“Fangs” had an intriguing premise: a Romanian vampire transported to Depression-era Alabama and then involving himself in investigating homicides in the small town he now lives in.
The start was promising: a strong-minded, single woman in her thirties who has just inherited the town’s only surviving bank, sets off to Romania to spread her grandfather’s ashes in “the old country”, taking with her only her black maid for a chaperone. This gave us the opportunity to see how lone women (even lone white wealthy women) were patronised and threatened when they travelled and how black women were treated as not quite human, at least until the pair reached France.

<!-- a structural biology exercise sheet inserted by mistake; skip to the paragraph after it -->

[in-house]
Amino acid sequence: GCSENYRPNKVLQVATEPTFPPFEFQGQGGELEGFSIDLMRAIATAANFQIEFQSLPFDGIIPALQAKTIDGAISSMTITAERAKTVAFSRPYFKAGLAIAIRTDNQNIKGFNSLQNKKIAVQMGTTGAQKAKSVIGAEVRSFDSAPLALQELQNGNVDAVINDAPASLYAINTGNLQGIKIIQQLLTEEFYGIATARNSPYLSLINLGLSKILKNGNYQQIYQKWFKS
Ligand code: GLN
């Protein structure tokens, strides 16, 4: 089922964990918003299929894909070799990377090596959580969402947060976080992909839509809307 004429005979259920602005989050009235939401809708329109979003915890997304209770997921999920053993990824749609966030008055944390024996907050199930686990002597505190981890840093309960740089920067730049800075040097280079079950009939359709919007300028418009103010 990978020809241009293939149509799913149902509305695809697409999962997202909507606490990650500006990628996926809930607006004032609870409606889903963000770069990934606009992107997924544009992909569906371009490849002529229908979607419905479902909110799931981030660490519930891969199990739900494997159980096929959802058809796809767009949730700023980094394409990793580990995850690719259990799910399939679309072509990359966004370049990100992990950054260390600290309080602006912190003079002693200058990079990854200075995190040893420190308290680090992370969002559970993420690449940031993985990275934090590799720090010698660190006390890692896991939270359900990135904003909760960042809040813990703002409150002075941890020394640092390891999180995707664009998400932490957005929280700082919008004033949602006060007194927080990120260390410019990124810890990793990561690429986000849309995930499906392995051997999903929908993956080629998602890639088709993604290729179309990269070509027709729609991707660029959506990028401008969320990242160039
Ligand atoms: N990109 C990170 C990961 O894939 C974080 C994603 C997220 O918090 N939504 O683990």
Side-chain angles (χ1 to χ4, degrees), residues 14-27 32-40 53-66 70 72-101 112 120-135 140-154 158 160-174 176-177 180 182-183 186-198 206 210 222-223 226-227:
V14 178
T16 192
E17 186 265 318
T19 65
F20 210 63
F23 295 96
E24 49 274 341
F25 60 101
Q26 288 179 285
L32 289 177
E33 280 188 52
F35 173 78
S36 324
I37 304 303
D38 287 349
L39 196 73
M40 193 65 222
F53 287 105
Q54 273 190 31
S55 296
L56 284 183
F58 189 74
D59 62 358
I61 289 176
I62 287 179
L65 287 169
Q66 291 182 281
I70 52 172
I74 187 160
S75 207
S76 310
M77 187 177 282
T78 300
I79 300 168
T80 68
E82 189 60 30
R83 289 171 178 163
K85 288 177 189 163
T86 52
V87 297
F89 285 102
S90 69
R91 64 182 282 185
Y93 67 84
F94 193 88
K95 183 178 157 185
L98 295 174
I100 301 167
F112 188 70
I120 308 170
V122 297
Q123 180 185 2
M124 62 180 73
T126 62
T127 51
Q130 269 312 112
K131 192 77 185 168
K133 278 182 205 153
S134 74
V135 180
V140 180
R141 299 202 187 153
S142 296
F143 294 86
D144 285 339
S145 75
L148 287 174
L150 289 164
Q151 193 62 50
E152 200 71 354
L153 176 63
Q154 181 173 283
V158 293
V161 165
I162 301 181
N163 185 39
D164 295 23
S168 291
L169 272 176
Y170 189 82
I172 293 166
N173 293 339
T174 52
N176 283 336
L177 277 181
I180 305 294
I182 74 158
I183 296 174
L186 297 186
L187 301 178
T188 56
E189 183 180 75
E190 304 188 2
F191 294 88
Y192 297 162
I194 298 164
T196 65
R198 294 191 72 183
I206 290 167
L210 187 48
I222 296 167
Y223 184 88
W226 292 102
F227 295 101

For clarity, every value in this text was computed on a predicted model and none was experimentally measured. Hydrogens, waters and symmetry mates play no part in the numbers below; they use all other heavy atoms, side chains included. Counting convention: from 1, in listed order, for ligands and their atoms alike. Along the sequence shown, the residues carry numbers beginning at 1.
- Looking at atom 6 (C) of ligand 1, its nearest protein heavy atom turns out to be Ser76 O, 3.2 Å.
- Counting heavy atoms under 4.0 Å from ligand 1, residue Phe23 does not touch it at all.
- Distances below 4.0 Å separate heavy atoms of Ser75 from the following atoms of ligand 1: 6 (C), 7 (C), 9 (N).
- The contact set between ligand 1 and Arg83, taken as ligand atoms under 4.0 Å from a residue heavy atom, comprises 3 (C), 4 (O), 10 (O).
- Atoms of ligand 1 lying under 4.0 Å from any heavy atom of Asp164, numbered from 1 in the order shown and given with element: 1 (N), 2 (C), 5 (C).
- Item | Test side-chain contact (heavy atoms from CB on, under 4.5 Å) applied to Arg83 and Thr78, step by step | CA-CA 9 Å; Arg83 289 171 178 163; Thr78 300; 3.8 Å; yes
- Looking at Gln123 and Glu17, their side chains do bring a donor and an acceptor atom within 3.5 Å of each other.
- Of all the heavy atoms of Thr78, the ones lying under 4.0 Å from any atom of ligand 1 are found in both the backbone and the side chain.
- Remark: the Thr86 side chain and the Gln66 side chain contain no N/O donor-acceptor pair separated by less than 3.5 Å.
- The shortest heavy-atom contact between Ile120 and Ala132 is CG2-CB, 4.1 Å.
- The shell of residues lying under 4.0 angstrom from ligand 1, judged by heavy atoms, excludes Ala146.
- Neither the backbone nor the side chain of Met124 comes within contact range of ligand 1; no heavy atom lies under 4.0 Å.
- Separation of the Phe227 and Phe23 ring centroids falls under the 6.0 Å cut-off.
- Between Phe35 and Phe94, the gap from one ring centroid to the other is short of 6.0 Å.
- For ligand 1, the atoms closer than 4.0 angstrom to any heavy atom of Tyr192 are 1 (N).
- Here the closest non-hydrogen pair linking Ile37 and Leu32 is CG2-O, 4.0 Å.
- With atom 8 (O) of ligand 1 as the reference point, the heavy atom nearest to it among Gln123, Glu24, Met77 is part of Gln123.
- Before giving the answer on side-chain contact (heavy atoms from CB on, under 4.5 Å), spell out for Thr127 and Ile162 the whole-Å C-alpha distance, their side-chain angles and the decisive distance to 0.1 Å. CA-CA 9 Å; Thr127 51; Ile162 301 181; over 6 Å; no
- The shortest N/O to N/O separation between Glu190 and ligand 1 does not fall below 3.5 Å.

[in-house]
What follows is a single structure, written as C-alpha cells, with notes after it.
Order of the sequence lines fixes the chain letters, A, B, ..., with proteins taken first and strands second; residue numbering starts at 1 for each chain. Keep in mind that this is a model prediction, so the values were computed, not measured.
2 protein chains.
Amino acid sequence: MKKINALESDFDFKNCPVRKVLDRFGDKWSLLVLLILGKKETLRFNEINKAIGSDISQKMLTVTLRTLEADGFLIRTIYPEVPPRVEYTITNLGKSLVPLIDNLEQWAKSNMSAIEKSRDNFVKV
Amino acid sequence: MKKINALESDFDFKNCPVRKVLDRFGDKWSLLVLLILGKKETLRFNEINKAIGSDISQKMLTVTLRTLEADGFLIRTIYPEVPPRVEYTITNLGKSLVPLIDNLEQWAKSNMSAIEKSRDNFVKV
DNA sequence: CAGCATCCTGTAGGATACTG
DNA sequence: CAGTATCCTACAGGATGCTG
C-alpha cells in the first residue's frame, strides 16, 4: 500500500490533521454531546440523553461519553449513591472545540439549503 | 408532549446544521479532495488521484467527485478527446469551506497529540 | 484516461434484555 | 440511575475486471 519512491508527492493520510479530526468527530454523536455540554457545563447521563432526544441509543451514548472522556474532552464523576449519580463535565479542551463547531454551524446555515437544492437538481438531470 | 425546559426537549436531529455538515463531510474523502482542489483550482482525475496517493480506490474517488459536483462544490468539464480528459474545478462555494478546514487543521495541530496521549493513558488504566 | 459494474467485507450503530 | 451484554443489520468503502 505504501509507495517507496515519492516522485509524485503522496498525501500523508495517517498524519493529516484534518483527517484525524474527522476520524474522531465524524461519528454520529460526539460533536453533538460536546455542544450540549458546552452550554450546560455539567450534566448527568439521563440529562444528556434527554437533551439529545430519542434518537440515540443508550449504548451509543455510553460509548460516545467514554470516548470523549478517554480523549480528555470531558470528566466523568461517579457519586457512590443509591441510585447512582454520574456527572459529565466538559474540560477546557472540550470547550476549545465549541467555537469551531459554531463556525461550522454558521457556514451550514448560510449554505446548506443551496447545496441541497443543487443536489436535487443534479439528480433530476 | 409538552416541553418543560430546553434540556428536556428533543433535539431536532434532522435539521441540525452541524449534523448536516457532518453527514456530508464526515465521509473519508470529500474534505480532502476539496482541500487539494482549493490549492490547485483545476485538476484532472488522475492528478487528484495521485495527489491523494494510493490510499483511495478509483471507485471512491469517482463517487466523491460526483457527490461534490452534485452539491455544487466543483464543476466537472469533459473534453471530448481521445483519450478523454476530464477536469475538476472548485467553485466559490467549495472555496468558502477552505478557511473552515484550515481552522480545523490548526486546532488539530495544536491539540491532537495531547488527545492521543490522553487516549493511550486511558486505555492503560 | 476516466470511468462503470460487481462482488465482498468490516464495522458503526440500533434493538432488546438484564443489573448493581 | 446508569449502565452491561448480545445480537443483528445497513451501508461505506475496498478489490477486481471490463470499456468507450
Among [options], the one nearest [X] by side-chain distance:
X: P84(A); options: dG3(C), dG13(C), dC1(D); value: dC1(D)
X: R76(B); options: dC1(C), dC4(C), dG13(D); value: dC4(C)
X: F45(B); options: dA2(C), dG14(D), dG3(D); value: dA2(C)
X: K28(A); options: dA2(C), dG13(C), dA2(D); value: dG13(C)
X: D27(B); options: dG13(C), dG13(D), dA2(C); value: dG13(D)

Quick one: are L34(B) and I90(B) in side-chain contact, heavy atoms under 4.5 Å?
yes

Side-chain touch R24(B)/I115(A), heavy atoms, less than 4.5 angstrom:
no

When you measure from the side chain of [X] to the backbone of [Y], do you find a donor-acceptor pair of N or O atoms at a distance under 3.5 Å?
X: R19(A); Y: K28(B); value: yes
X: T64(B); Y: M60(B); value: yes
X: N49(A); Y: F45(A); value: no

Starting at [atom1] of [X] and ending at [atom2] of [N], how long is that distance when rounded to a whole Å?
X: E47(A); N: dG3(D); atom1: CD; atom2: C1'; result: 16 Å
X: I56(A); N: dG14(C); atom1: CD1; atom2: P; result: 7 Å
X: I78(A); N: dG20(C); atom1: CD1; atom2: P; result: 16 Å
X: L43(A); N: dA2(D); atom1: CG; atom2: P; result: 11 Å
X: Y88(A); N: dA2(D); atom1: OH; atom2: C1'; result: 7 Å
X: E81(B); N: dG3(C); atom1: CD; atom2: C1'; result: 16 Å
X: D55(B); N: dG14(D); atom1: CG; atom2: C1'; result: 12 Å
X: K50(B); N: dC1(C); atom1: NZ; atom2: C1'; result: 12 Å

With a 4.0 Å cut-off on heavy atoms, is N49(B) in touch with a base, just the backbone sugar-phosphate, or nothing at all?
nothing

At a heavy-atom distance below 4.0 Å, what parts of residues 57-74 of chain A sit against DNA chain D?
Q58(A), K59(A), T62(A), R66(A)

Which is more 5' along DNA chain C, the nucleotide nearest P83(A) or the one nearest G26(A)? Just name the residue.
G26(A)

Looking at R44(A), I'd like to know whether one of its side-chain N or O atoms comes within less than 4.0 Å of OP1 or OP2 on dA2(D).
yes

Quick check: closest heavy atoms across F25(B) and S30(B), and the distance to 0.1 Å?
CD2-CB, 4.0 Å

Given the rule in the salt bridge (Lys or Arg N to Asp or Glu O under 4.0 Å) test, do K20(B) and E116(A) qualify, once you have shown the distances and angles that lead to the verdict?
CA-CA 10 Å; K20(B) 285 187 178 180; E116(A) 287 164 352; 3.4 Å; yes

The adventures in Romania were quite fun, avoiding clichés and creating an interesting set of reasons for our heroine to take our Baron-turned-vampire back the US with her.
After that, it seemed to me that the novel ran out of steam. The relationship between the Baron and our heroine didn’t really go anywhere. The maid receded into the background when I had expected her to be a major character. The murder mystery and investigation were complicated without really being either exciting or credible.
It was an entertaining read that became less so as it went along. I won’t be joining the Baron on his next adventure.